Frisky Rant: On Hollywood’s Propagation Of The “Romantic Stalker” Trope

I first saw “As Good As It Gets” with an ex-boyfriend who touted it as one of his all-time favorite movies. He defended it as a deeply hopeful romance that touched on strong emotional themes: a hermit misanthrope finds a slice of light and hope in the form of Helen Hunt, and honestly, who doesn’t want that for themselves?

It’s undeniable that my revulsion with this film is linked to how close to home it hit: our relationship was co-dependent and largely built on manipulation and insecurity, so seeing a movie he loved that showed delusion and lack of boundaries as a cornerstone of “romance,” immediately triggered something for me.

Let me preface this by saying: I’m a fan of Jack Nicholson. I enjoy the elasticity of his face and the breadth of character-types he embodies. My intention isn’t to roast a 20-year-old movie and tell people they are “bad” or “good” for enjoying it – I enjoy countless “problematic” plotlines. If we banned every story that had messy or malfunctioning characters, we would be left with, well, nothing of substance. People are flawed; stories, fiction and non-fiction should highlight those flaws in various ways.

However, there is such a thing as a toxic trope, and the “romantic stalker” trope is a dangerous favorite of Hollywood. This male protagonist is some variation of awkward, angry or underestimated. He finds a woman he’s interested in, but she’s not interested, or she’s busy with other things, or she’s already in a relationship, and it’s likely she has straight out said, “No, go away. This isn’t a good idea. Leave me alone.” The male protagonist valiantly knows deep in his soul that all this woman needs is to be convinced, so he won’t take no for an answer and keeps pursuing her, his persistence presented as loyal and devoted, rather than creepy and boundary-crossing.

He could be John Cusack playing the determined Lloyd Dobber in “Say Anything,” who leaves an obscene amount of voicemails on Diane’s phone and routinely just shows up on private property; Melvin (Nicholson) from “As Good As It Gets,” who stalks Helen Hunt in her apartment building and at work after repeatedly being told to leave her alone; or even better, Ted Stroehner from “There’s Something About Mary,” who actually hires a private investigator to track down “Mary” a full 13 years after their failed first date.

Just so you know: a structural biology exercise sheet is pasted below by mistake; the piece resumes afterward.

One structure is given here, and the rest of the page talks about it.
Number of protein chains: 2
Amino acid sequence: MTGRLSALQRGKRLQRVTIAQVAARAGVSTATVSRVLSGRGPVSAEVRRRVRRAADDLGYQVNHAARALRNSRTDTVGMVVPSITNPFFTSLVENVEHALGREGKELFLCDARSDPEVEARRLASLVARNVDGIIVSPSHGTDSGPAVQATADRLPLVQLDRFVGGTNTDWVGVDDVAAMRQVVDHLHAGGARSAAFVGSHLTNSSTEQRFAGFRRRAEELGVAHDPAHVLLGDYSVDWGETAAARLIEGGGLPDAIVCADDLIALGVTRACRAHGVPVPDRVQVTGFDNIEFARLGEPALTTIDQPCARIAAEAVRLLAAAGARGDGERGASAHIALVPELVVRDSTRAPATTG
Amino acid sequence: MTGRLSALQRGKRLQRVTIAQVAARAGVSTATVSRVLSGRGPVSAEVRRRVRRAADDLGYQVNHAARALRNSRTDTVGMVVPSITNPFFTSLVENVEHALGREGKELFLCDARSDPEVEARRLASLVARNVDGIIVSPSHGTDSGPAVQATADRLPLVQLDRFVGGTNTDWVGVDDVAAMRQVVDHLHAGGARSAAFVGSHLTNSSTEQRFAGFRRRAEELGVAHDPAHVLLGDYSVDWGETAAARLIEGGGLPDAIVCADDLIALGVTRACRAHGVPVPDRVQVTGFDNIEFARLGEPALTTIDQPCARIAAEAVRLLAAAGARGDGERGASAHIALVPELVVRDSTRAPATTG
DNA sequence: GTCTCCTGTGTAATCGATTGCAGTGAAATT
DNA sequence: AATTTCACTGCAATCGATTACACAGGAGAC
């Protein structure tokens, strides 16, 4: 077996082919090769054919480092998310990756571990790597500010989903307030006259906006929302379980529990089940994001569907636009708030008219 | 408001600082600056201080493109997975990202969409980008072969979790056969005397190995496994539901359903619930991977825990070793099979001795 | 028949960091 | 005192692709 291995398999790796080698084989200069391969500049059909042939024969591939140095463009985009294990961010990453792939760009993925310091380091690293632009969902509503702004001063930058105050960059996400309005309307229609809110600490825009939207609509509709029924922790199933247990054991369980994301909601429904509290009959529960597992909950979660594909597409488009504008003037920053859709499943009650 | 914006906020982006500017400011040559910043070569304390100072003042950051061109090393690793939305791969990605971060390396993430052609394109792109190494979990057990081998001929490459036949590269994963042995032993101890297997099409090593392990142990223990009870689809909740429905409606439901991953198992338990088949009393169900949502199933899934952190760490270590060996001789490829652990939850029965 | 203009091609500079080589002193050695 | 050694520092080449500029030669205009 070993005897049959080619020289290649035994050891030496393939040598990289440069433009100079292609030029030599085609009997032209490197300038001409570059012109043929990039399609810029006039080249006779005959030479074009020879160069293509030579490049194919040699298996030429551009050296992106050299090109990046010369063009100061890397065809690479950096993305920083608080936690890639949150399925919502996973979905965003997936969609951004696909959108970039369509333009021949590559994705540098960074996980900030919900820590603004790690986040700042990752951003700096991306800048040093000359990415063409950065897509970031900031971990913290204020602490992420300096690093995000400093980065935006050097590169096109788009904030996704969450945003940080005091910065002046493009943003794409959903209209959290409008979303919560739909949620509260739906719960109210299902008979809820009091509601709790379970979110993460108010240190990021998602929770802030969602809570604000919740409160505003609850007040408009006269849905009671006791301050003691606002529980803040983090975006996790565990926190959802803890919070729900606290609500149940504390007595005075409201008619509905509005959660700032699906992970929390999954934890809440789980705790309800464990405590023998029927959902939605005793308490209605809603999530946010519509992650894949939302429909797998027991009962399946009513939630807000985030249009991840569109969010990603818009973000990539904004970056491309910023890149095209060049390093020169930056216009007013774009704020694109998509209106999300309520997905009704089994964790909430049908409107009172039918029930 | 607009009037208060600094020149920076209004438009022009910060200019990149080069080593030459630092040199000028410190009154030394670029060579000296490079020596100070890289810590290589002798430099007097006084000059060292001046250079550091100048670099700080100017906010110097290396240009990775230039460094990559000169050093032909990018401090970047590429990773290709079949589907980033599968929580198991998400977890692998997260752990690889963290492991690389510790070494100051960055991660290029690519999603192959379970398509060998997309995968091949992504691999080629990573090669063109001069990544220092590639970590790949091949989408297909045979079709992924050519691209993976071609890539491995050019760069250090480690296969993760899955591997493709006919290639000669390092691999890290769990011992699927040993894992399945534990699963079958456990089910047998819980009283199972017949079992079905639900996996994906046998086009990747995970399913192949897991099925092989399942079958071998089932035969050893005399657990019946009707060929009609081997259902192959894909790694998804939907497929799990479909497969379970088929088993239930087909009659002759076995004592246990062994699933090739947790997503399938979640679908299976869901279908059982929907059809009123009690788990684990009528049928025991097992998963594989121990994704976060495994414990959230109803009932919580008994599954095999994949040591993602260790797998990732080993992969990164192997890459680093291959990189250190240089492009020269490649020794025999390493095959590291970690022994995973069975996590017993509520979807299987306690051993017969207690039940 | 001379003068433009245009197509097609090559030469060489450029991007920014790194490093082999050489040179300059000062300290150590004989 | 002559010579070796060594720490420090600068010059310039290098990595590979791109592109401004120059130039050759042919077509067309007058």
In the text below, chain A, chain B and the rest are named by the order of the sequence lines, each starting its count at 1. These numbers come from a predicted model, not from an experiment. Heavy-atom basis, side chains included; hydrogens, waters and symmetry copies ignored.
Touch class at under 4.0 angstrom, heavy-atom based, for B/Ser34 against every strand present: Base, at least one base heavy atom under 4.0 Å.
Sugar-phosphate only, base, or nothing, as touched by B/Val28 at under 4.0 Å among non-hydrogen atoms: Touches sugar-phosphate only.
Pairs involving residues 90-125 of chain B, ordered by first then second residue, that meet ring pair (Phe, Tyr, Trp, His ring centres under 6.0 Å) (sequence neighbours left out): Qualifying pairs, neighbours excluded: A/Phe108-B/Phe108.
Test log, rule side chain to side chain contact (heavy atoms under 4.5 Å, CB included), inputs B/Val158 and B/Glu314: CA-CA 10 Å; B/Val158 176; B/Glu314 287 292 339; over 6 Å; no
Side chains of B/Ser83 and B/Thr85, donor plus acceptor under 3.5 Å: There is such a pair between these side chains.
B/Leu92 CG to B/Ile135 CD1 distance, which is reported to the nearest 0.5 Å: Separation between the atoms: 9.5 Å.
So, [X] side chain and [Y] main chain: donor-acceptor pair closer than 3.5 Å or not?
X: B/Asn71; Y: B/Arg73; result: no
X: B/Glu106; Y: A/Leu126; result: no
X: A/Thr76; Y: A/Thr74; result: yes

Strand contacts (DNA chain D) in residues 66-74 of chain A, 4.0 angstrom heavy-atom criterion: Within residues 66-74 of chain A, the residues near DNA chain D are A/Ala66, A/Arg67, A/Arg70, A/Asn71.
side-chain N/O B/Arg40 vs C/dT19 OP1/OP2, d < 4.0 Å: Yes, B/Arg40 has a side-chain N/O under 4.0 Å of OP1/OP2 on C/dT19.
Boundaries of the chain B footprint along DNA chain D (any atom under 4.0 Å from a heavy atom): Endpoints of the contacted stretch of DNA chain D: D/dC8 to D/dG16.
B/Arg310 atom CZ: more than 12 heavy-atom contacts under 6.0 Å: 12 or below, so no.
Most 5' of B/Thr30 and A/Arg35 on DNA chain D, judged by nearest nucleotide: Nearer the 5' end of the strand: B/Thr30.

Here’s the thing: I love a good stalker movie. There are few tropes more compelling than a meticulously obsessive stalker who manages to invade and ruin the life of a protagonist. Stalking is real, terrifying, and fascinating, and makes for a far more compelling plotline than a functional relationship. My problem with the movies above and their male leads is that they are presented as romantic heroes, but their wooing tactics are straight up invasive and obsessive, and not particularly different from those employed in actual stalker movies, except in these romantic comedies, their target ends up falling for them in the end.

The key difference with Hollywood’s execution of the female stalker type is they are actually treated as stalkers – dangerous, often seductive, but very scarcely is a female stalker presented as a likable underdog who deserves to get the guy (or girl). “Fatal Attraction” gave us the term “bunny boiler”; “Single White Female” permeates the fears of every apartment dweller seeking a Craigslist roommate; “The Hand That Rocks The Cradle” plays out every parent’s worst fear when they hire a nanny for their children – and all of these films thrive on the fact that they embrace the manipulative and psychologically narcissistic nature of their stalker protagonist. Yet in many romantic comedies, the male lead’s manipulative, entitled narcissism is treated as endearing and harmless, painting a dangerous picture of consent and seduction.

Bring me movies about stalkers, psychopaths, and emotionally inept people! Produce works with bizarre characters who have no sense of boundaries, that show the humiliating lengths people will go to in order to “get what they want.” But don’t call them romantic comedies. Don’t conflate love with male domination and the scary notion that women don’t know what they want. At best, it’s coddling our warped sensibilities of connection and romance, and at worst, it’s deeply dangerous.